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I encourage anyone to try crafting (do you call it that in English?), but also want to remind on safety. Machines, and sharp hand tools, can be dangerous if used incorrectly.
Crafting is good! Guitarists and pocket pool players need those fingers!
I can only imagine the sense of accomplishment after you finish.
If you ever get to TN let me know.

My build sequence goes something like this -

I'm bored...

What can I build?!?

Oh, what about that?

Is it possible? Do I have the right wood? Do I have enough of the right wood? Do I need to make a pilgrimage to the holy temple of figured wood AKA Jefferies in Knoxville.

Will I have any hair left when it's done?

Then there's several days, weeks, months as I contemplate the design. I usually have to start [AKA jump off the design cliff].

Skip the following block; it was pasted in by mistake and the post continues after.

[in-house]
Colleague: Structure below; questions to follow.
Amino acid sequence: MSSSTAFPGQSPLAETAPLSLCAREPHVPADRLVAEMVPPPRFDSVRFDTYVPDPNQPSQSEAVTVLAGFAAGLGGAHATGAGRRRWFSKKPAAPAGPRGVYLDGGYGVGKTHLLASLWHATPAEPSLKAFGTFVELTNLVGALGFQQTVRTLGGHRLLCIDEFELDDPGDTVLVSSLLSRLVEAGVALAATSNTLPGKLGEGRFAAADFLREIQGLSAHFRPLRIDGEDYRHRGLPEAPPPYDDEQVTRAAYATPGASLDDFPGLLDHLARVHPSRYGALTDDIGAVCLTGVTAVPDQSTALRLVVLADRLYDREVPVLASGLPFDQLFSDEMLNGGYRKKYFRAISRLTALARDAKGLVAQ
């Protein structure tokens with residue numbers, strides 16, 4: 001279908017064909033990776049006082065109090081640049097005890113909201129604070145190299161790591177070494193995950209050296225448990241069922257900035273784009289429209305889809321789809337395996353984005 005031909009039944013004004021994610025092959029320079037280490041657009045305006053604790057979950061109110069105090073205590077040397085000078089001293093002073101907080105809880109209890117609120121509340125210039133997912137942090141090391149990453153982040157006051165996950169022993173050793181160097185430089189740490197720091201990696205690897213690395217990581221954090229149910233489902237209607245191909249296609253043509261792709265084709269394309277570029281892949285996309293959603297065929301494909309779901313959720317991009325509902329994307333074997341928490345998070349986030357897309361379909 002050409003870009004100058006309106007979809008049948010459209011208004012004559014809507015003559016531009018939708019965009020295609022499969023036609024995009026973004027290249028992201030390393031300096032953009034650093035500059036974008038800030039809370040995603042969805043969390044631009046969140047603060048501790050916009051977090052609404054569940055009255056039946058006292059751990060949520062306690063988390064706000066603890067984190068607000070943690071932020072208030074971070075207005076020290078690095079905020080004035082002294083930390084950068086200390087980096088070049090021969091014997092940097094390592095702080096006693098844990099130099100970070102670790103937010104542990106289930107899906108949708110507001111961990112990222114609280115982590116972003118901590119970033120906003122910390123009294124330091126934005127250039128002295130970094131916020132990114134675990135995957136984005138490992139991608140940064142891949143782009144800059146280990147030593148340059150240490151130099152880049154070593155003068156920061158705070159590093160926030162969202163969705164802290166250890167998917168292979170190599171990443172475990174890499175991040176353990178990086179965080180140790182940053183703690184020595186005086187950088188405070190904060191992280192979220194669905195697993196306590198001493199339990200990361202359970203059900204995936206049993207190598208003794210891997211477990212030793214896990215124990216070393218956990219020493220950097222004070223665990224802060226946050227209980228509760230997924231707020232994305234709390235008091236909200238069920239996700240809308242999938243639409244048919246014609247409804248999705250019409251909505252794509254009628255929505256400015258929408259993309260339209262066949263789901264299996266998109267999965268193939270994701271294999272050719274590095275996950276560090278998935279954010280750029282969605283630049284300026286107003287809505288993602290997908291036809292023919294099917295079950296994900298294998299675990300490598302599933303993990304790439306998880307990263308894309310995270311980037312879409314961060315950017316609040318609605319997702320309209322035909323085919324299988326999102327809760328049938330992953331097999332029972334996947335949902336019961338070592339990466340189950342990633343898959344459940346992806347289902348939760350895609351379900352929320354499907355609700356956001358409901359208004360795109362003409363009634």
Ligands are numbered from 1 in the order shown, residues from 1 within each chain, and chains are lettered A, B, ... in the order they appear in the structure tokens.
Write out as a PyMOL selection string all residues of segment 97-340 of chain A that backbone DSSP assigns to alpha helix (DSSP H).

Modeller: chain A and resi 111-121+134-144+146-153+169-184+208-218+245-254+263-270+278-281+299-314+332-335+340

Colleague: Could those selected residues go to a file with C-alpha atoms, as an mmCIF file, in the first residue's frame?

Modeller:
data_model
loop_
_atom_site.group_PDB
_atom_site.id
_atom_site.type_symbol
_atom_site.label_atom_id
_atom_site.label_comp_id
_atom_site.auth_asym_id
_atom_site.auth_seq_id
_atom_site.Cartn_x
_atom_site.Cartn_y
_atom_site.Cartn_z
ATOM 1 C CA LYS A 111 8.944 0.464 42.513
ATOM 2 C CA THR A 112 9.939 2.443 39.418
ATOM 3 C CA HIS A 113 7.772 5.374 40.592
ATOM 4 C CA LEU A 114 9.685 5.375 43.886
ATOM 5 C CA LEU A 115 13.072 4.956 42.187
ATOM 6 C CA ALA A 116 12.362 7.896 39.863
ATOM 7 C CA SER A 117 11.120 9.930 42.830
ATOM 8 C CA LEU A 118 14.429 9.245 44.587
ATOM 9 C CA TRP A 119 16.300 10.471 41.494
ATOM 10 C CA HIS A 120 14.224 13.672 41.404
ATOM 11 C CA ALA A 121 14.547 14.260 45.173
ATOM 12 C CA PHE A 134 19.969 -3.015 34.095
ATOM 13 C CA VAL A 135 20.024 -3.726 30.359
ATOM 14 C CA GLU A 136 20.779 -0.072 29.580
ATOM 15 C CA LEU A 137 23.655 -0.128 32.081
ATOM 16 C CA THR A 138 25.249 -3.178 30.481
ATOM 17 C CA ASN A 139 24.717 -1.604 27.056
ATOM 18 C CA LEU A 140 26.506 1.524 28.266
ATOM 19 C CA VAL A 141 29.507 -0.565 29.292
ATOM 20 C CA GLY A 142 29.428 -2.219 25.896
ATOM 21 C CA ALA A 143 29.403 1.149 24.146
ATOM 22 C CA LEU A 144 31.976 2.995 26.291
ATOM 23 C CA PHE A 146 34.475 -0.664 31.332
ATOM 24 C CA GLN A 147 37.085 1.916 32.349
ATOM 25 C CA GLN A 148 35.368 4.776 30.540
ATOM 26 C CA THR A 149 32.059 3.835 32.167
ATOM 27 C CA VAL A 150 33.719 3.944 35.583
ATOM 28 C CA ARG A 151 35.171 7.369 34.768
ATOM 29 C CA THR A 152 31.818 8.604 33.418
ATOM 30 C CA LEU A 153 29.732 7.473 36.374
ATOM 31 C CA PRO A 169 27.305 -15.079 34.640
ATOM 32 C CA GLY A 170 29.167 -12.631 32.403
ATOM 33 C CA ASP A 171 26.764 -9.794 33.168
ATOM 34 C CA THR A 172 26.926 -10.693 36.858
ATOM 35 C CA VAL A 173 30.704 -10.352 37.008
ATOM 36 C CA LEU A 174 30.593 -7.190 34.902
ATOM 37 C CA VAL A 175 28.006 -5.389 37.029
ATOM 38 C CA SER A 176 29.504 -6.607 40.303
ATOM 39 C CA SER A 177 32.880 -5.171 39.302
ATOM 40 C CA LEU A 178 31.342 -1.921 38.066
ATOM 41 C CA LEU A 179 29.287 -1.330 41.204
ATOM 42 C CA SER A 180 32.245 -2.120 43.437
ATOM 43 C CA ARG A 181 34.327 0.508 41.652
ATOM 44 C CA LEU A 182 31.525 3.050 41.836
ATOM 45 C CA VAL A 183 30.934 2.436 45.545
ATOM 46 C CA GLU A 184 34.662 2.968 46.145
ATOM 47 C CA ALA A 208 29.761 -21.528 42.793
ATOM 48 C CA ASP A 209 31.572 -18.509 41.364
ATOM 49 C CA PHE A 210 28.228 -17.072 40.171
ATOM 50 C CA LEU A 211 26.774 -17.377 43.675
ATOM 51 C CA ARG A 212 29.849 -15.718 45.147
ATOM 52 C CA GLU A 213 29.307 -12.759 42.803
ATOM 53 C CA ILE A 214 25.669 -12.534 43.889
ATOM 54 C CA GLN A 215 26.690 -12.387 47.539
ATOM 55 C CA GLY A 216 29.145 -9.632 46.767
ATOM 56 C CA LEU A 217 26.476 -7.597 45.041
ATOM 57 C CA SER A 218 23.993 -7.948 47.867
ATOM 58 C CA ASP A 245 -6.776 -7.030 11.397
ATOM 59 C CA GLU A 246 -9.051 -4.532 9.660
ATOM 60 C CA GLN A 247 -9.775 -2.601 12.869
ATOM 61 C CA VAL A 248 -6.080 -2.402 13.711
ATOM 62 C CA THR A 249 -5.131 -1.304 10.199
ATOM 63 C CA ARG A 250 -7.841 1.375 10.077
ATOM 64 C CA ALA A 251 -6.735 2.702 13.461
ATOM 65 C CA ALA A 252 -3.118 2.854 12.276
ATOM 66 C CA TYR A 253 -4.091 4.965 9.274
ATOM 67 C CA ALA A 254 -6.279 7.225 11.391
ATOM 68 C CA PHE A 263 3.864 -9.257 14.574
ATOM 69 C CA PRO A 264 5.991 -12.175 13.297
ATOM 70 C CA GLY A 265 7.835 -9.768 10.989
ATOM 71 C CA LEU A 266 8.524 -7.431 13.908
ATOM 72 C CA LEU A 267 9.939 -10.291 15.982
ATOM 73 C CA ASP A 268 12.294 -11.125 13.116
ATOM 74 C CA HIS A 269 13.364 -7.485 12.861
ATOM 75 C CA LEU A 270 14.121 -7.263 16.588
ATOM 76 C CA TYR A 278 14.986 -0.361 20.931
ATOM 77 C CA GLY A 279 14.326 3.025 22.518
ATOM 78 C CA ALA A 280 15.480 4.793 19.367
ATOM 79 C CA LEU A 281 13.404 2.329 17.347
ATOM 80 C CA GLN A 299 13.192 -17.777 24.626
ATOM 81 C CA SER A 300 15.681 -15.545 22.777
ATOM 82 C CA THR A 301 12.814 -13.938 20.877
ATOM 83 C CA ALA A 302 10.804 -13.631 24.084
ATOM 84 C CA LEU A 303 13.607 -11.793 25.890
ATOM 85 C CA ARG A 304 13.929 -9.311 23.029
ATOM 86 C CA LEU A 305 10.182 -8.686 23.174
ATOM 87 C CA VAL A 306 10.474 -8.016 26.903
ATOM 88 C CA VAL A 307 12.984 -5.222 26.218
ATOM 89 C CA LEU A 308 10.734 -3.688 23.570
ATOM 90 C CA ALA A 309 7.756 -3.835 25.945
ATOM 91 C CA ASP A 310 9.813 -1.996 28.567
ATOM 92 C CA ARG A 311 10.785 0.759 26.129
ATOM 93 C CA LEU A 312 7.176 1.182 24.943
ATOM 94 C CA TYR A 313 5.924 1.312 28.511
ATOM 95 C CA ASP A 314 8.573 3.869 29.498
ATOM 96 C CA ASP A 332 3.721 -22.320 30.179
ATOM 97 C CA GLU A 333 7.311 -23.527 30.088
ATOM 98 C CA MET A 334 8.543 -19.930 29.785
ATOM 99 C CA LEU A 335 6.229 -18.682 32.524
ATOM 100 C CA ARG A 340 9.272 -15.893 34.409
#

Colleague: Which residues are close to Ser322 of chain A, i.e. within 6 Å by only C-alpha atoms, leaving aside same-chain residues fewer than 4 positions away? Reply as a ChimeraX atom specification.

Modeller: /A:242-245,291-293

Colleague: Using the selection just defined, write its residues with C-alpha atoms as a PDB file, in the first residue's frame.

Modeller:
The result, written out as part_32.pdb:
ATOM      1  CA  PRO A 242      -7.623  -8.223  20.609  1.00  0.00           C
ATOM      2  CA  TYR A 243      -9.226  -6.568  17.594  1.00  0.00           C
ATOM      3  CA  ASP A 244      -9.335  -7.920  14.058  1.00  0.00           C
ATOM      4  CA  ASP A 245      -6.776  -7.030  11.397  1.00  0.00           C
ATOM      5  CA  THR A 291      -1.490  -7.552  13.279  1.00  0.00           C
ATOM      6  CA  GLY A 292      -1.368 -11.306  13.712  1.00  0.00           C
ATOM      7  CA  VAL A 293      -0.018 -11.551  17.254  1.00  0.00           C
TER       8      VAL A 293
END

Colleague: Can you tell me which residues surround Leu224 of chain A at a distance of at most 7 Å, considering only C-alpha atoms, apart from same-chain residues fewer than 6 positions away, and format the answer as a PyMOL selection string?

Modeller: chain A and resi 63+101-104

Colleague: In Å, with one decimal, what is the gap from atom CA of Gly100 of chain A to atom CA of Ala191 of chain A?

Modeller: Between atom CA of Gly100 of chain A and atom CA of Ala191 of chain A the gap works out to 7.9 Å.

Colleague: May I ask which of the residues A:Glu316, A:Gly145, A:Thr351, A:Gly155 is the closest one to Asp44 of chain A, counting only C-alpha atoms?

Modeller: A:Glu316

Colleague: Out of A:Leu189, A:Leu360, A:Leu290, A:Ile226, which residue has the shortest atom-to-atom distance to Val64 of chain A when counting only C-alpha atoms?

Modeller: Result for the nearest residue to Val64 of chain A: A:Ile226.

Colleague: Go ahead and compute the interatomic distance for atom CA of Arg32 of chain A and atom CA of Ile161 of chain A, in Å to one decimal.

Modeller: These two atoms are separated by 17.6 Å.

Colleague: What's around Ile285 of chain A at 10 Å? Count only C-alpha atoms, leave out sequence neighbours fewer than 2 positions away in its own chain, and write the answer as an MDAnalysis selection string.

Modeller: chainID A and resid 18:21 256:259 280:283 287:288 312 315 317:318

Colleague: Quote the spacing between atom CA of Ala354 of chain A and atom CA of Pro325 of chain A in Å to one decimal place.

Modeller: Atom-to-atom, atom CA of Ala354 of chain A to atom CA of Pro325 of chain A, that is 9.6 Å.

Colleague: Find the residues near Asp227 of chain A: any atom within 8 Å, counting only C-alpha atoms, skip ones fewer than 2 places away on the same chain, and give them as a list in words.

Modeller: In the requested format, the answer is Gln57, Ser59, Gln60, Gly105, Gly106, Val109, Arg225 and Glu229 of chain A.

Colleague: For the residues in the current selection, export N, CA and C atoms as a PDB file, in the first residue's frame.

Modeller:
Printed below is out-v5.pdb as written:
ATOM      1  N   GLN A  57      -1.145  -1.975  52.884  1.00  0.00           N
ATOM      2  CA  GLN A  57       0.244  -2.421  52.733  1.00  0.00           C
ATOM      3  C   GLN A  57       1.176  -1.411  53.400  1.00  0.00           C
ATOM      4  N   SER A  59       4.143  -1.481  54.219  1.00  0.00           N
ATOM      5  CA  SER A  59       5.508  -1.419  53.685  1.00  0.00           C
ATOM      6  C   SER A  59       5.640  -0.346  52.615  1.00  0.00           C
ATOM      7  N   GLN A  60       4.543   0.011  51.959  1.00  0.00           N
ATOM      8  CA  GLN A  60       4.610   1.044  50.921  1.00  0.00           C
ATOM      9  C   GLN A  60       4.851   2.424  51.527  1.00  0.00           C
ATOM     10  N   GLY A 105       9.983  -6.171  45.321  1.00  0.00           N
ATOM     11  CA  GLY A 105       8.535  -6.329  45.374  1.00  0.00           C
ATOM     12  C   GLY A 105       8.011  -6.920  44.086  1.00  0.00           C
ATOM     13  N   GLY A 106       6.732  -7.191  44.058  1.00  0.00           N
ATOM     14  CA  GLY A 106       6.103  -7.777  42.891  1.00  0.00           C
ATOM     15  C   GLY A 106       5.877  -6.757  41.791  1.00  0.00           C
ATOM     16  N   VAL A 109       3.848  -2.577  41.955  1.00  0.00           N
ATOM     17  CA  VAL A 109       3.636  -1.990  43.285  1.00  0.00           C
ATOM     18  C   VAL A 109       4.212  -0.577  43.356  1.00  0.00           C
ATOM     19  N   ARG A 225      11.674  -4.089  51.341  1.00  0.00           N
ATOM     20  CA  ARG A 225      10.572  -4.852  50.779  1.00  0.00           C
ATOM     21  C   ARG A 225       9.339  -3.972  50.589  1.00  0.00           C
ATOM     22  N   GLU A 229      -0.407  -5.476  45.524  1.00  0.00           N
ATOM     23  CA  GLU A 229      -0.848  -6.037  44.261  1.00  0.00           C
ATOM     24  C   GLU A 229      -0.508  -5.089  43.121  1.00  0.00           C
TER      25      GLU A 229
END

Or the "CUT SOMETHING, DAMMIT!" phase occurs

Then the project muddles along until I hit a snag or an issue that needs to be solved. This may last several days, weeks, months as I contemplate my design navel.

The mind works the problem on it's own and will present a solution.

Back to work!

There may be several iterations of the last three steps along the way.

Is it done yet? Can I sand it yet?

If it's a big project - dressers, chests, tables, headboards I sometimes pause when I get to the 'Jesus, isn't this damn thing done yet? Where are those matches and accelerant?

Is it done yet? Can I sand it yet?

Lacquer time.

Bolt in the bits, feet handle and such.

Done - usually with a sense of relief for about 5 minutes. I do tend to touch cabs and such as I walk by.

Then the process starts over.